The shared meal, all made by The Ingleheart Singers was also much appreciated.

Pudding time – a small selection!

I found a rain-dropped feather in our drive.

Feather with raindrops

A friend of mine, Lesley Trotter, whom I first met while researching for last year’s production by Perthi Kov, ‘Until the Day Break’, has written a book , “The Married Widows of Cornwall” and I am privileged to have received the first advance copy. I started reading this morning and have been unable to put it down as Lesley begins to trace the histories of the women ‘left behind’ in Cornwall when their tin mining husbands went to work overseas.

‘The Married Widows of Cornwall’ by Lesley Trotter

I am posting early today as one of our beautiful daughters is arriving later with her two beautiful LiveWires and their Daddy is joining us all after finishing filming the cricket at Lords.  I also have to stop reading to get things ready!

 

 

 

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Sunset, Granny’s Bowl and Eton Mess

Last night’s sunset was lovely and peachy and reflected in my car window.

Sunset

Our lovely neighbour came in for supper tonight and after Caponata with Chicken, I served up Eton mess in a beautiful pale blue glass bowl that was my Granny’s. It was a Wedding present for her and Grandpa in June 1913! Isn’t it amazing that this glass bowl is still in use 105 years later?  I just love that she used it, my Mum always served  the Christmas Sherry Trifle in this bowl and now I, too, can use it and I love it.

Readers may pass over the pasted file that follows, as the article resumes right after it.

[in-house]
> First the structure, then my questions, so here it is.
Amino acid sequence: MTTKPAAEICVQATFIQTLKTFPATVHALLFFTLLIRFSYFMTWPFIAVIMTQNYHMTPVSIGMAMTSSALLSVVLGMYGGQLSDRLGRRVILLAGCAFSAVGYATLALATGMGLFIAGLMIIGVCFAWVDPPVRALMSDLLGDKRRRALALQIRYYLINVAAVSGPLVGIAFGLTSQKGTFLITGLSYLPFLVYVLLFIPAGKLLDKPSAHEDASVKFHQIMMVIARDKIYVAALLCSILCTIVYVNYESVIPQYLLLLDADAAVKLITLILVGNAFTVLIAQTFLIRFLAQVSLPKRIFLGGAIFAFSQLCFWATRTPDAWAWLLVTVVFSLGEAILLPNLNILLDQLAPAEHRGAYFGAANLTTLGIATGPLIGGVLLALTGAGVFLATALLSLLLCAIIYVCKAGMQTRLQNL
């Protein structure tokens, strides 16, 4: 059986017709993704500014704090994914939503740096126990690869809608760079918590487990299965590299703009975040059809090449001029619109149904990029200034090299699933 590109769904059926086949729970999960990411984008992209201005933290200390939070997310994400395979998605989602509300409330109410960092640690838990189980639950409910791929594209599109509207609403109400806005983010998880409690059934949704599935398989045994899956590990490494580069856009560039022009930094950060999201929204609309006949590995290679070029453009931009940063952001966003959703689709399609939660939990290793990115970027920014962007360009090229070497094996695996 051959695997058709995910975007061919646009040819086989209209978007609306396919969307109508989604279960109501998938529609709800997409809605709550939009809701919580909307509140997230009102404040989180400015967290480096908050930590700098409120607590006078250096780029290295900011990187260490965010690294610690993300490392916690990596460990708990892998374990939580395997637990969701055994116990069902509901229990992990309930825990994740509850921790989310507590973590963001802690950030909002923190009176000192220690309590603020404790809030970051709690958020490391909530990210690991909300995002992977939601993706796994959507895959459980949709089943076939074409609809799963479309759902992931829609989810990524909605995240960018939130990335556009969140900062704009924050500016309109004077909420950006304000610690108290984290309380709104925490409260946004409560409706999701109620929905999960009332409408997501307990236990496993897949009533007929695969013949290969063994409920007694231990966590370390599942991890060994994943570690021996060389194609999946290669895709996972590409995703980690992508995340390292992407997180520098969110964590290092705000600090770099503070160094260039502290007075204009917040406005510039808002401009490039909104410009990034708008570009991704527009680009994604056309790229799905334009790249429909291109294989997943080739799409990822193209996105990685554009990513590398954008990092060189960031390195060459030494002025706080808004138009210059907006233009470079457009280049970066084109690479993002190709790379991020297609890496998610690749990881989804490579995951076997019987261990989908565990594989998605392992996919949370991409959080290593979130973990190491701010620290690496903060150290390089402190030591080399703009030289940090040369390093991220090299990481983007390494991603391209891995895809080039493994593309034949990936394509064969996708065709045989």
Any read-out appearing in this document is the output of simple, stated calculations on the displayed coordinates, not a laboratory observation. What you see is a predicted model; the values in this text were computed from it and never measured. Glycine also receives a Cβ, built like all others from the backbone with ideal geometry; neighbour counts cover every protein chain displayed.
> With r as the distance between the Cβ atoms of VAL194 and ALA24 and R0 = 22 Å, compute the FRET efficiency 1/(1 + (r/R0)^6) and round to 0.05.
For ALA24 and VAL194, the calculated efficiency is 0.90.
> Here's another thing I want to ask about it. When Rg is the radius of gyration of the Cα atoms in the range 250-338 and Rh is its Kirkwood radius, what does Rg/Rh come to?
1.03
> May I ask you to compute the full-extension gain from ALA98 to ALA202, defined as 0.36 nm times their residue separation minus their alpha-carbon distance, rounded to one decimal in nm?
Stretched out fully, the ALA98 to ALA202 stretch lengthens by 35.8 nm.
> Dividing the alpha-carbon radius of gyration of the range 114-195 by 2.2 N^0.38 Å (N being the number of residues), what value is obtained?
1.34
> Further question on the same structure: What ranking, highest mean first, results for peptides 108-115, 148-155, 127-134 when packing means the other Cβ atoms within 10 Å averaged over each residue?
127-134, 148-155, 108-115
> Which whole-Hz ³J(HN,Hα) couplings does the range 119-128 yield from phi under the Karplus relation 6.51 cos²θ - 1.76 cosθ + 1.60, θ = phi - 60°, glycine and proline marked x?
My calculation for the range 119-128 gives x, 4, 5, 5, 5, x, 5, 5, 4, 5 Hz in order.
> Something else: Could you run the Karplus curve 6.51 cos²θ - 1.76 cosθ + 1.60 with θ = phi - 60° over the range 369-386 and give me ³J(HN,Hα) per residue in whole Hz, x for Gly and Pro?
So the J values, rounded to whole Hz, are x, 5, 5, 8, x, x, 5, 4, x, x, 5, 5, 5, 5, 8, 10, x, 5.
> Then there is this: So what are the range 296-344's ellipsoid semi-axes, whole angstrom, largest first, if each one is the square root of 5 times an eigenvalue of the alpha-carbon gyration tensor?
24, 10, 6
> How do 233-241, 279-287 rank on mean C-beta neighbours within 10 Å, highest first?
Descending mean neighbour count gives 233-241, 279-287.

Granny’s bowl

Eton Mess in Granny’s beautiful bowl

Eton mess is a traditional English dessert consisting of a mixture of strawberries, broken meringue, and whipped double cream. First mentioned in print in 1893, it is commonly believed to originate from EtonCollege and is served at the annual cricket match against the pupils of Harrow School.  As the lovely Mr S says, the boys from Eton are still making a mess.

 
 

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Confit Duck, Successful Soup and A Little Bouquet

One of our favourite meals is Confit Duck but we only have it when we eat out and that is not that often so I decided to have a go at doing it myself. I found the recipe and discovered that the preparation starts 24 hours before you want to eat! Here are the prepared legs which are now sitting in the fridge for their ‘at least 12 hours’ chilling, looking rather pretty with the herbs and orange zest, salt and peppercorns.

Prepared Confit Duck

We have eaten lots of our home-grown Runner Beans, frozen even more away and today I have made the first batch of my Runner Bean Soup, which gets more hits than any other post and which, if you Google Runner Bean Soup, comes quite high on the page!

Runner Bean Soup

Yesterday, two of my lovely friends gave me a little bouquet of Sweet Peas, picked out for me because they are purple. I put them with some white Daisies which we brought in after they had been brought down by wind.

Sweet Peas and Daisies